Given the Billie Eilish cover is prompting a new wave of CORSETS BAD commentary, I need to point out that it's usually *women* who create and promote the corset myth by writing articles etc. about how restrictive/confining/patriarchal they were, without proper research or context
For me, this is a misogynistic act, because the writing erases historical women's agency in making decisions about their bodies, and assume they were all so stupid they were forced into corsets and tightlaced, apparently against their will. Who forces you into your bra?
Too much commentary comes from a subjectivity so deep it is unanalysed: 'this *looks* like it would be uncomfortable on my particular physical form, and I'm so used to modern garments that feel a certain way, any restriction is painful, and therefore would have been in the past'
There is a huge body of work now on the spectrum of corsetting practices in the past and present, and lots of recording of the experiences of women wearers. Yes, sometimes it hurt, like shoes now can hurt, but for the majority of women corsets were a normal, everyday garment.
Corsets are also much better support for women with larger busts, as they distribute the weight more evenly round the torso, rather than relying on the shoulders. We know this from lived experience. A lot of large-busted women have significant back problems in modern bras.
If people who write articles/posts/blogs/opinion pieces about corsets without doing some research - please, at least read Steele - or engaging with actual corset-wearers' opinions, the modern author's presumptions and assumptions silence the various voices of female experience.
Here's @alanna_mck's article on some of the issues around modern attitudes to corsets
Here's a modern book sharing womens' positive experiences wearing corsets…

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More from @FourRedShoes

27 Jan
Here's a full thread of all the #QuarantineFashionHistory

I decided to recreate a look from every decade of the 20th century using only the clothes, accessories and makeup I had in my luggage during mandatory 14 day Australian #hotelquarantine, after 10 months stuck in Britain.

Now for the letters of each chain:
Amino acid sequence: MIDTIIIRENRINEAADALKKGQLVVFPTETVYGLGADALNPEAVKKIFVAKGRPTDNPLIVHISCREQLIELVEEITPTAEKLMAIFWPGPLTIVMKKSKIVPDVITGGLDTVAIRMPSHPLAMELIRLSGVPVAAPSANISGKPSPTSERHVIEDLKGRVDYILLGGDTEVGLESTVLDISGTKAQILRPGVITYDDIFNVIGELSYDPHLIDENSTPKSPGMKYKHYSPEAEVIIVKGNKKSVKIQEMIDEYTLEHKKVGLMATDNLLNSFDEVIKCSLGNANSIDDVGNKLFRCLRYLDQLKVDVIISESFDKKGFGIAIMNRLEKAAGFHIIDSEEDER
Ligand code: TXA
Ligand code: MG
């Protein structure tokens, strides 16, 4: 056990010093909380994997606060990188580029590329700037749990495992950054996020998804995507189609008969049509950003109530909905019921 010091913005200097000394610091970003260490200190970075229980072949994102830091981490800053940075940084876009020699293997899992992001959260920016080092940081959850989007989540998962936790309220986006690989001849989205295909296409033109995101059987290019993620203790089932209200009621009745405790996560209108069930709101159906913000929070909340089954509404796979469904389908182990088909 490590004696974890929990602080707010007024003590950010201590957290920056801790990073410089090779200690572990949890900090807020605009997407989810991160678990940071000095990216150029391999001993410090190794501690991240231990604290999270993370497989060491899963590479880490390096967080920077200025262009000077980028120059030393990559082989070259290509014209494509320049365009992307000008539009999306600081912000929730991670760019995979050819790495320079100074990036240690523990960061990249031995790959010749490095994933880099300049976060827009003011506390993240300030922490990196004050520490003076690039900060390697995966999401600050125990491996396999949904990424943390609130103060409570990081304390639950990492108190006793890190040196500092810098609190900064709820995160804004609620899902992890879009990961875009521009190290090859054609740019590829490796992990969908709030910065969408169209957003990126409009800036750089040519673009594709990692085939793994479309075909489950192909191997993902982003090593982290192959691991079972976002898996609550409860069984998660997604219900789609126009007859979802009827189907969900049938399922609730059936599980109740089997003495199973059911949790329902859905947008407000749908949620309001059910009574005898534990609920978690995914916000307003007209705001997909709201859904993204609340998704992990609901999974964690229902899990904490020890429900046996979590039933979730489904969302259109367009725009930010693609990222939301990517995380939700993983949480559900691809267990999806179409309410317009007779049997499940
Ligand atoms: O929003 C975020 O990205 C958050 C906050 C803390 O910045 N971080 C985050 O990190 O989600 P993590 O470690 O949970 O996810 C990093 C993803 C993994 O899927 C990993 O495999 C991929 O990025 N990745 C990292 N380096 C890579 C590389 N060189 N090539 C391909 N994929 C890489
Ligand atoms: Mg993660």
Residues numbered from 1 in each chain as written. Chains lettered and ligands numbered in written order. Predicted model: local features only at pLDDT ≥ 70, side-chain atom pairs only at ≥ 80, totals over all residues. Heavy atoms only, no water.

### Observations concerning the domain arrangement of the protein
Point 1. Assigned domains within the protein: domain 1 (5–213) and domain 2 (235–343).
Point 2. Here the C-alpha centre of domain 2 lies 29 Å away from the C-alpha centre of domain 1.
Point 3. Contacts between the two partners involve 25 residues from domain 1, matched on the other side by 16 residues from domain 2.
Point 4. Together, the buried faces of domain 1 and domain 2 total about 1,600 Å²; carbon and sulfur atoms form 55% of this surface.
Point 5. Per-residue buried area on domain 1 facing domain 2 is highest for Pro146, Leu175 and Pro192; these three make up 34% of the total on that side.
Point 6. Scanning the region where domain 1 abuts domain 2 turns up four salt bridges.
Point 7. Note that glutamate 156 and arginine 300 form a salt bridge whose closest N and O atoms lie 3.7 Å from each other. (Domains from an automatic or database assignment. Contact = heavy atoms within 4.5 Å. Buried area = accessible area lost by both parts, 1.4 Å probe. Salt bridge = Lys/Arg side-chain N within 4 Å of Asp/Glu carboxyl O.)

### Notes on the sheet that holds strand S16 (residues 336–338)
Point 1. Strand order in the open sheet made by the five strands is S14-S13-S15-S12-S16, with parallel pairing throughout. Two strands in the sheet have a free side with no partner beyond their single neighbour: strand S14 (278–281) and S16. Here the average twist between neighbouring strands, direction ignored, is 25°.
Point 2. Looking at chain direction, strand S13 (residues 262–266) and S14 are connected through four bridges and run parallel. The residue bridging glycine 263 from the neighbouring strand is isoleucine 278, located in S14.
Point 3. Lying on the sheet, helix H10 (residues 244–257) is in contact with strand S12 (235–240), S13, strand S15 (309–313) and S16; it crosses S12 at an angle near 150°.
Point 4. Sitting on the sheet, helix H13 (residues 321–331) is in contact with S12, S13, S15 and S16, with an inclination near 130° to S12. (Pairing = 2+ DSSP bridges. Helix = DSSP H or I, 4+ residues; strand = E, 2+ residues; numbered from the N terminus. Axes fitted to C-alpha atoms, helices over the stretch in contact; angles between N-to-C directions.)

Read 16 tweets
26 Jan
Decade 10 of #QuarantineFashionHistory and the final look - the 1990s.

I caught a serious case of black Lycra in the 90s, one I've never quite shaken, so I went with it. This is inspired by high fashion looks, especially Gaultier, Galliano and Lacroix

Many thanks for inspiration also to Christy Turlington, Yasmeen Ghauri, Versace, Hervé Léger, Anneliese Seubert, Cleo Glyde, Madonna circa Like A Prayer and Dick Tracy, Kevin Aucoin,Tori Amos, and the Springwood Hippy Shop.

That's one of the best selfies I've ever, ever taken
This one is very much for my teenage self, with all her incredible insecurities and big dreams. I've tried very hard to sort out the former and live out the latter, and I think she'd be proud of me. We dreamed of looking like this!
Read 6 tweets
25 Jan
Dress historians!!! I must make you aware that there exists a board game called Rococo, where the premise is 'Make dresses for a prestigious ball while managing your deck of employees!'

It's... quite something.…
Methinks they greatly overestimate the income and size of 18th century mantuamaking businesses. @RebeccaE_M @HottyCouture @TimesmithDress try not to injure yourselves laughing!
and @Serena_Dyer @egernerd - check out this 18th century dressmaking boardgame!!!
Read 4 tweets
24 Jan
Decade Nine of #QuarantineFashionHistory - the 1980s.

The decade my hair has been waiting for. I have to wrest it back from the 80s every morning so finally, I let it run. There were so many options for this one! In the end I did what the hair told me.

#hotelquarantine ImageImageImage
I first became conscious of clothes and fashion and make up in the 80s, so this is an homage to the women in magazine pages I used to tear out and stick on my wall as visions of glossy glamour, plus the accompanying make up instructions.
Clothes: trousers and bodysuit from H&M, Witchery handbag, same belt, necklace and earrings as for the 1910s (context is key), and three pairs of sports socks to make shoulder pads! Image
Read 4 tweets
17 Apr 20
I get to investigate a lot of historic garments in my line of work. It's a joy and a privilege (as well as essential!). This is a thread sharing how I look at dress objects when researching, using photos from archive visits. Lots of juicy digital details for you.
This is a pelisse from c. 1810 made of muslin lined with yellow silk, in the collection of @Fashion_Museum. After I lay the object down, I take a full length back and front shot to record its overall proportions and effects. Not like putting it on a mannequin, but useful.
I sort of stand and think about it as well. Where does it fit in my mental database? What qualities does it have? Is it usual or unusual? Does it confirm trends of the time or have different features? What is the quality, size, fit, construction? Has it been altered or damaged?
Read 27 tweets
2 Jan 20
First, here's an article specifically about the hair.
Some highlights:

'Gerwig encouraged [hair dept] to envision the March sisters as early bohemians and provided photos from ... photographer Julia Margaret Cameron as inspiration.'…
“Greta...suggested that this family and these girls and women were possibly the original hippies” “The hair was always meant to be a little less structured than you see in a lot of period movies. I find that more relatable than coiffures, which are so distinct and untouchable.”
Read 32 tweets

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